This article appears in the April issue of 400 Life.
After more than seven years working in pizza restaurants around the state, I have made thousands of pizzas.
Literally thousands of pizzas in every different size, shape, style and topping combination.You name it, I’ve made it and in all likelihood, probably eaten it too. But until the completion of this recipe, I could honestly say that I had never made a pie 100 percent from scratch, from beginning to end.
I had wanted to do this for quite some time, just to see how easily it could be done for a stay-at-home pizza night and I was very surprised how well these recipes did in my kitchen at home.
For this recipe, I wanted to recreate two classic and incredibly simple pizzas, the margherita and the Pizza Bianca, which will let you get the full enjoyment of your wonderfully hand-kneaded dough and your classic basil marinara sauce. But if other toppings are more to your taste, have at them.
Both recipes have been co-opted and altered from other recipes online, but both the dough and sauce are nearly identical to others that I grew accustomed to during my time working in restaurant kitchens.
My one major piece of advice for you is that dough is tricky to get right, but ultimately cheap to make, so feel free to make a few attempts if your dough doesn’t feel right. Give the dough plenty of time to rise, keep your oven as hot as possible and everything else in this recipe will be pretty easy to deal with.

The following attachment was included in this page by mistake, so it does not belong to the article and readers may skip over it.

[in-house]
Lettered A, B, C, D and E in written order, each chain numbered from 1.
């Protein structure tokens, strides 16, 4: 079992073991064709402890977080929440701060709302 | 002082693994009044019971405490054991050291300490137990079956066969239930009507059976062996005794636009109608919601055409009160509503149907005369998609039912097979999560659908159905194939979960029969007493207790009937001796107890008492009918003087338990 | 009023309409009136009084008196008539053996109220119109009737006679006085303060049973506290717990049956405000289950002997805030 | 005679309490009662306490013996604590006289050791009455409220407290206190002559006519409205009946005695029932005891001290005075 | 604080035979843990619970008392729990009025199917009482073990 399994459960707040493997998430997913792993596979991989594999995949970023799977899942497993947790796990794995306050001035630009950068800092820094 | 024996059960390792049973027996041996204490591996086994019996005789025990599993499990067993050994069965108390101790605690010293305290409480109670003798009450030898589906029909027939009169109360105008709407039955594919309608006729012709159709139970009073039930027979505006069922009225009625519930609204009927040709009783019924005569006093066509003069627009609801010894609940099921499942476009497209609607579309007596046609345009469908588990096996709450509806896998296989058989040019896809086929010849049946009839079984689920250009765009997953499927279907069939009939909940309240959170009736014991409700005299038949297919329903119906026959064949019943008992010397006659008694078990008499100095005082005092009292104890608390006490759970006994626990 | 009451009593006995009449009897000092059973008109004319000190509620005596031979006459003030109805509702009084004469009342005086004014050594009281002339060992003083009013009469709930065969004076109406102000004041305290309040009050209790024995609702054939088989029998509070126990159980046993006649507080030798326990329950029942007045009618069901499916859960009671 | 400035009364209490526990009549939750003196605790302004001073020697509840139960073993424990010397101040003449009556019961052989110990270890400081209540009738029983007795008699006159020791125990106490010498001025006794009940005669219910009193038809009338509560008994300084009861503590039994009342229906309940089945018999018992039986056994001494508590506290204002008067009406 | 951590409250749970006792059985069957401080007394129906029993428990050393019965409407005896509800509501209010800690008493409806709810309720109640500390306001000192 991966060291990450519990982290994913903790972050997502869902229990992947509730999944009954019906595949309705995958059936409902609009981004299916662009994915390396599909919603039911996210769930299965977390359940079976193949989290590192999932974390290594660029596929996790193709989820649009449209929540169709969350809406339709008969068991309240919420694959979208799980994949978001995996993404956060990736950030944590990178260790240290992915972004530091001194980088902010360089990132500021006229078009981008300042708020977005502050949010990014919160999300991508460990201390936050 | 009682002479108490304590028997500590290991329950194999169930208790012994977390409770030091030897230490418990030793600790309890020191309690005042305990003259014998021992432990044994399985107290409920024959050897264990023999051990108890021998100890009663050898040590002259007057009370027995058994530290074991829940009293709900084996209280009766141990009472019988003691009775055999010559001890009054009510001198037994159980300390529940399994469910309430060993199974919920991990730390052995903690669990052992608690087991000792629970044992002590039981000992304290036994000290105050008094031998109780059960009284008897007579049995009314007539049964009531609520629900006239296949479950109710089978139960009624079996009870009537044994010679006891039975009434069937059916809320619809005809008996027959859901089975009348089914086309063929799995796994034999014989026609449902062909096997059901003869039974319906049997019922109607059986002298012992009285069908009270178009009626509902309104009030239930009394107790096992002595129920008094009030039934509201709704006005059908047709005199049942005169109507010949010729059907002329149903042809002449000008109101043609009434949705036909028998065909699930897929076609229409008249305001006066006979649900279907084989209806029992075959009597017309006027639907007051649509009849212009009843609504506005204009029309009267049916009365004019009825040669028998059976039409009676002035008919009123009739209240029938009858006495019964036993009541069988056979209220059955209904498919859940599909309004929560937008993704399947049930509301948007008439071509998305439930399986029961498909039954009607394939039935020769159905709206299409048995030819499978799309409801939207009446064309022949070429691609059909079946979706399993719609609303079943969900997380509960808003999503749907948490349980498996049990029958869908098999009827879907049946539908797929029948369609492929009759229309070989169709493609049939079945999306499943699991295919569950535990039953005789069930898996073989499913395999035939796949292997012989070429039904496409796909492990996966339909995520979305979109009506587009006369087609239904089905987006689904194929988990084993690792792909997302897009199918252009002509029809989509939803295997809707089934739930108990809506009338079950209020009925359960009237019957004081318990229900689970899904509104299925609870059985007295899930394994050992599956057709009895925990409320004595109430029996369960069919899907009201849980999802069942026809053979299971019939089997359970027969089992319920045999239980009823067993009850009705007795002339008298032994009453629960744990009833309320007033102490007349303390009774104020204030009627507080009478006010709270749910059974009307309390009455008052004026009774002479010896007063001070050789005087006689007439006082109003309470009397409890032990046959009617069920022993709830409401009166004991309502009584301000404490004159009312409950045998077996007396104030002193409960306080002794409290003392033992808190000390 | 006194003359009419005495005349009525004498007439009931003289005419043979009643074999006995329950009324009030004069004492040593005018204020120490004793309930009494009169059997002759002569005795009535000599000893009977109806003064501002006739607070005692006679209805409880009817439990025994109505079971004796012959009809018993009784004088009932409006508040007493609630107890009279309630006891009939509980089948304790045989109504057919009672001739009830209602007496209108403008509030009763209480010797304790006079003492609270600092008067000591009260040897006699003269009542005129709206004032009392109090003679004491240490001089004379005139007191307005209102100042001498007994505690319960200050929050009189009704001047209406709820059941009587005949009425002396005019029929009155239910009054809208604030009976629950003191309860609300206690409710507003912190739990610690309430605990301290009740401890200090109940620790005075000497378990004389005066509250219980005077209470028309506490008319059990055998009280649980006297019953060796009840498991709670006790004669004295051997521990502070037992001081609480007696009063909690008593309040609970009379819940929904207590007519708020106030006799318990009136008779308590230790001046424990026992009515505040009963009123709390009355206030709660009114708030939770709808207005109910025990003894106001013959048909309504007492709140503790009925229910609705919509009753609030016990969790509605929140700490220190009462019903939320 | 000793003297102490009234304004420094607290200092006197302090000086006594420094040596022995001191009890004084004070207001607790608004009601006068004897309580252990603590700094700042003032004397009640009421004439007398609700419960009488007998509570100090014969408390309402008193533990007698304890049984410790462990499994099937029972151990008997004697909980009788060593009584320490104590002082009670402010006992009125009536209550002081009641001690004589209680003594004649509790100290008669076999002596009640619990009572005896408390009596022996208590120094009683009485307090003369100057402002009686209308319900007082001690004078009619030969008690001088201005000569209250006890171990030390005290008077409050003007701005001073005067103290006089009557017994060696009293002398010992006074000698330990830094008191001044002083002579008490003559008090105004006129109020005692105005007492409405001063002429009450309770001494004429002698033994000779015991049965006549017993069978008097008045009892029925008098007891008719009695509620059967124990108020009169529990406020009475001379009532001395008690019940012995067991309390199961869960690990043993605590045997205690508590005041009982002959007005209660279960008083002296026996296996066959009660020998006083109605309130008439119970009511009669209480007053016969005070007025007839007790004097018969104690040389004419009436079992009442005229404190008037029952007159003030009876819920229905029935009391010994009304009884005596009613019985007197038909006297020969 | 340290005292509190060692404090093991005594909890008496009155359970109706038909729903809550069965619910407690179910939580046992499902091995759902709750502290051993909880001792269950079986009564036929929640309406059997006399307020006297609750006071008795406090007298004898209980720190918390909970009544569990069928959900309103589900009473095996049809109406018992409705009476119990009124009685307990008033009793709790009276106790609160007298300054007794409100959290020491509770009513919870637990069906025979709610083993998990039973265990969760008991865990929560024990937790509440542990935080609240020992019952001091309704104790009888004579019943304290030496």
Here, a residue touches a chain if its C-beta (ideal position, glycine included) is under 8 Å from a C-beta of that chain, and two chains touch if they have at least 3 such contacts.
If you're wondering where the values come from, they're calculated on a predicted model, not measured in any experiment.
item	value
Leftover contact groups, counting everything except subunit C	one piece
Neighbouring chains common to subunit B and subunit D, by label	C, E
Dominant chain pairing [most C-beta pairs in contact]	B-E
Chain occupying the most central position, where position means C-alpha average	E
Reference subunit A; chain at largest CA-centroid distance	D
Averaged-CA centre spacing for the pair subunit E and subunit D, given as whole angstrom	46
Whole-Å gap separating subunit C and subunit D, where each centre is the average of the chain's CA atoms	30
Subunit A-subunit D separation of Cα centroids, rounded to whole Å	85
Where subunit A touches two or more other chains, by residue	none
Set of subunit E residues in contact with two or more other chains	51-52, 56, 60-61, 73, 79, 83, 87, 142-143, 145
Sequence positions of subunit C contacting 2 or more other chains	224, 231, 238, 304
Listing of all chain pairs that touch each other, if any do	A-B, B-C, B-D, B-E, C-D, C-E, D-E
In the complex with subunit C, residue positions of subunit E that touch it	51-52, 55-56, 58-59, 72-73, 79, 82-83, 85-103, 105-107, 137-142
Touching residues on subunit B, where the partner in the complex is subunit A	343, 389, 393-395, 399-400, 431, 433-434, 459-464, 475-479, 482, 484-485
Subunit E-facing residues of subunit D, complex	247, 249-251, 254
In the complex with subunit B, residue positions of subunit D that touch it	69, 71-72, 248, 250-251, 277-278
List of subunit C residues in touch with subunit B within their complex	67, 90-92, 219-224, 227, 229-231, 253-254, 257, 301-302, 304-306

Check it out, have some fun and tell us what you think.
The two pizzas I chose to make are as follows:
Margherita — Marinara sauce, fresh mozzarella, torn into small pieces. After the pizza is done baking, sprinkle on a good amount of fresh basil leaf.
Pizza Bianca — extra virgin olive oil, fresh mozzarella cheese, torn into small pieces. After the pizza is done, dollop on small amounts of ricotta cheese, fresh basil pesto and top the pie with dried oregano.
• Warm water - 1 1/4 cups
• Sugar - 1/2 teaspoon
• Active dry yeast - 1 teaspoons
• All-purpose flour, plus more for dusting - 3 1/2 cups
• Extra virgin olive oil, plus more for greasing - 3 tablespoons
• Kosher salt - 3/4 teaspoons
• Semolina flour
• San Marzano tomatoes - 1 28-ounce can whole
• Extra-virgin olive oil - ¼ cup
• Garlic, peeled and slivered - 7 cloves
• Crushed red pepper flakes
• Kosher salt - 1 teaspoon
• Fresh basil - 1 large sprig
• Fresh mozzarella cheese – 2 small balls
• Ricotta cheese
• Fresh basil pesto – 1 small jar
• Dried oregano
1. Start your dough by “blooming” the yeast; sprinkle sugar and yeast into warm water; this water should not be hot, but actually lukewarm. Let this mixture sit for 10 minutes as bubbles form on the surface.
2. In a large bowl, combine the flour and salt. Make a well in the middle with your fingers and add the olive oil and the now bloomed yeast mixture. Use a spoon, mix until a rough dough begins to form.